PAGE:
Last night I went to an open house at the school where our daughter will be attending kindergarten in the fall. The youngster was a bundle of nerves -- so hyper that a brownie and ice cream calmed her down. I was trying to encourage her to say hello to her (prospective) teachers, to look around, but she just bounced off the walls with her friends. I can tell she's really going to enjoy kindergarten (she went nuts -- or more so -- in the music room with all the instruments out), but there is also the realization that she's reaching another milestone. Let's start the "Song of the Day" with the "adult" song -- "Wake Up," off the Ditty Bops' eponymous debut album. The Ditty Bops write wry folk-rock songs -- think Suzanne Vega perhaps, but somehow "Wake Up" got played on XM Kids one day. Perhaps this is why: "Don't cause a scene / Mind your manners / Speak only if spoken to / You know what you are not do / Watch and learn What if you never were short for time / All meetings cancelled clocks stopped at nine / Without alarms the silence beams / Watch and learn" Yeah, OK. Kinda makes me wonder about all those boundaries we're setting. Would it really be so bad if the kids ran around outside until late at night? (Please don't answer that.) The lyrics are written to get adults to look at their own lives, but it's raising questions for the parents out there, no? For a similar perspective, but targeted much more at the parents, check out Brady Rymer's "Dilly Dally Daisy," which, in the midst of a song about a cute but perhaps frustrating-to-the-parent daughter, includes these lines: "Oh man, I wanna let her go And see the world her own way, ya know? 'Cause pretty soon they're gonna get her in line They'll say, 'Stand up straight! Tuck in your shirt! Know where you're going and get there on time!' " Those lines will go right over the head of the 4-year-old and right to the heart of the parent. There aren't a lot of songs about how one chooses to be a parent. Those two, one accidentally, one on purpose, are two of the few. Listen to "Wake Up" here. Listen to a clip of "Dilly Dally Daisy" here.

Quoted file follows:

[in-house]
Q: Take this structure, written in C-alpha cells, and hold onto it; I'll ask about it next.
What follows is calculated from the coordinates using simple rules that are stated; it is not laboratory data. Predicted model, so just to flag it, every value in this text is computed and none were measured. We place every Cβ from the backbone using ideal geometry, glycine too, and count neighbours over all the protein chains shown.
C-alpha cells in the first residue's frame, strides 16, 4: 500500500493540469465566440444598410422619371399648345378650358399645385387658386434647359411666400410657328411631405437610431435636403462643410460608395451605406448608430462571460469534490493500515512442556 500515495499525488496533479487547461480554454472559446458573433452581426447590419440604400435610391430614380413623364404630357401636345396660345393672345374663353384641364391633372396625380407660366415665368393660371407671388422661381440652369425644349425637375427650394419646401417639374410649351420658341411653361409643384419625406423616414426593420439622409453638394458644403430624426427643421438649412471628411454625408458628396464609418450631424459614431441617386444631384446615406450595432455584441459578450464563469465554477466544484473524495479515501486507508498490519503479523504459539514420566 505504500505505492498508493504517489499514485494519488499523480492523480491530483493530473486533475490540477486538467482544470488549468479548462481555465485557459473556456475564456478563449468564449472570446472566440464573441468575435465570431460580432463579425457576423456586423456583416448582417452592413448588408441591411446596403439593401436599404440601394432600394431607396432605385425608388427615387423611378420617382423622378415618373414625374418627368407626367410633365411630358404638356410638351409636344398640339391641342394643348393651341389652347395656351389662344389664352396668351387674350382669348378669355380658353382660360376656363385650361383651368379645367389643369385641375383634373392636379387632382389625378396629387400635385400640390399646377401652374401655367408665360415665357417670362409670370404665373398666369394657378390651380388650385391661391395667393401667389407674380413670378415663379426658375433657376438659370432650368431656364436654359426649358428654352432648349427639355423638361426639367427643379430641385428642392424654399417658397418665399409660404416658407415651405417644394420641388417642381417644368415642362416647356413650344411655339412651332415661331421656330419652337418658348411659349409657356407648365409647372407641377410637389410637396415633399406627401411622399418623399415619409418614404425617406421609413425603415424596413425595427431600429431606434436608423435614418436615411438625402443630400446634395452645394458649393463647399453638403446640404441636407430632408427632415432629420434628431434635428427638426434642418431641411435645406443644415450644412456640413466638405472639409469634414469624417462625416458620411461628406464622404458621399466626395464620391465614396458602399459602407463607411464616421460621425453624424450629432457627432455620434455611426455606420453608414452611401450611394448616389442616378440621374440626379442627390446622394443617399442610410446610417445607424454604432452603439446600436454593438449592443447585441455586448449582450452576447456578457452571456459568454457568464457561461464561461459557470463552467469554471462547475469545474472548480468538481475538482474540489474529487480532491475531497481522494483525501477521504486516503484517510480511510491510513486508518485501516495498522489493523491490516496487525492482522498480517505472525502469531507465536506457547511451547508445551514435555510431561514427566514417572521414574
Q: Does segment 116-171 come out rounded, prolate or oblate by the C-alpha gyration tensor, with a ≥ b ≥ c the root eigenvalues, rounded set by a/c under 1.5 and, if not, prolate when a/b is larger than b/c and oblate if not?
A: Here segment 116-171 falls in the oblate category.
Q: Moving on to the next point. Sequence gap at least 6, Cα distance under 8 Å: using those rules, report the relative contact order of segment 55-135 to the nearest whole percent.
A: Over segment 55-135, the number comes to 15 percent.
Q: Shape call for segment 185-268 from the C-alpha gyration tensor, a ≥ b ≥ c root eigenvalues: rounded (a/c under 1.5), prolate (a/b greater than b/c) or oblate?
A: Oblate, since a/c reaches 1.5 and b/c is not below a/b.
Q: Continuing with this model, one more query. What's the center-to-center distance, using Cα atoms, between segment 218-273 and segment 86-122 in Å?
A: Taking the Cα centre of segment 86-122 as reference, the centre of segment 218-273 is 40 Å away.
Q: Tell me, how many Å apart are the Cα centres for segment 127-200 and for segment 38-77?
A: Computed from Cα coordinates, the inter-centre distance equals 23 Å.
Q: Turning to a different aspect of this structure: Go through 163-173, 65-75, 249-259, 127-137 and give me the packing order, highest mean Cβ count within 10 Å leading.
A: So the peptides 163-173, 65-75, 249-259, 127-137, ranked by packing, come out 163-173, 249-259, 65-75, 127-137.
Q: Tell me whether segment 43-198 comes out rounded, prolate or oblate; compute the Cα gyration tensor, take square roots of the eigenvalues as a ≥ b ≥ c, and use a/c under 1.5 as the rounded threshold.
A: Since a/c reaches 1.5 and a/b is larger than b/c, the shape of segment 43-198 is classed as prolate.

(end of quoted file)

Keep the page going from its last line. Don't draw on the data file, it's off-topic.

I don't like to change posting dates, but I'm adding so many songs here, and this predates the time a lot of people started visiting the site, so I'm making an exception here. A foolish consistency is the hobgoblin of little minds, or something like that. Originally posted April 2, 2006. Last revised May 16, 2006 I'm ignoring the fact that the baseball season is one game old. Baseball starts Monday, during the day, and nobody can tell me otherwise. There are very few sports-related children's songs that come to mind. I can understand why, as sports like football and hockey require a lot of equipment and are typically for older kids (this is especially the case for football). Basketball and baseball are easier to play, perhaps -- less equipment, introduced at an earlier age. Since the major sports typically become mostly a spectator sport as we grow up, perhaps it's good that there isn't much children's music about sports since a song about watching other people do something is kinda depressing as a kids' song. (It does make me think that the genre of children's soccer songs is a niche waiting to be filled.) In any case, the list of songs about baseball for all ages is reeeeeeaaaaalllllllly short. (OK, not so short anymore) Here goes: -- "Take Me Out to the Ballgame" (well, duh) -- try Wiggleworms Love You, from the Old Town School of Folk Music (nicely bipartisan, cheering for both the Cubs and White Sox) -- "Baseball Dreams" -- off At the Bottom of the Sea, by Ralph's World (Cubs all the way in this one) -- "I'm Gonna Catch You" -- off Under a Shady Tree, by Laurie Berkner (it has one relevant line -- "So I jumped into Saturday / And I had a baseball batter-day" -- yeah, I'm really reachin' here) -- "Centerfield" -- off Centerfield, by John Fogerty (not kids' music, but a great song anyway) -- "Talkin' Baseball -- off countless albums by Steve Cashman, who just re-records and updates his song -- baseball history lesson in 3 minutes -- "Big Train" -- off the RTT's Turn It Up Mommy!, as noted in the comments. About Walter "Big Train" Johnson. I'd probably disagree that he's the best pitcher ever, but that's another blog. Good song. -- "Right Field" -- Peter, Paul and Mary. Again, see the comments. -- "Cryin' in the Dugout" -- off Daddy-A-Go-Go's upcoming Eat Every Bean and Pea on Your Plate album. A humorous song -- "Baseball Dreams" played for laughs instead of nostalgia. -- "The Greatest" -- Kenny Rogers. See the comments. -- "Roll Around" -- Peter Himmelman, off of his My Lemonade Stand CD. A fun, rollicking song about a baseball who retires, then comes back to his calling. And finally, an artist reviewed here on this very site wrote me to suggest four more songs, including at least one I'm miffed I forgot... the comments in quotes are the artist's, not mine. -- "Catfish" -- off Bob Dylan's Bootleg Series. I am unfamiliar with this one. But it's Dylan. -- "Joe DiMaggio’s Done it Again" -– Wilco and Billy Bragg, from their Mermaid Ave Vol. 2 -- "A Dying Cubs Fan’s Last Request" –- Steve Goodman – "Classic, and very funny." See "Talkin' Baseball," above. -- "Take Me Out to the Ball Game" -- Brave Combo - "two very cool versions... wacky and fun." It's Brave Combo, how could it not be fun? If any of you have more suggestions (or can point me to a family-friendly soccer song), leave me a comment.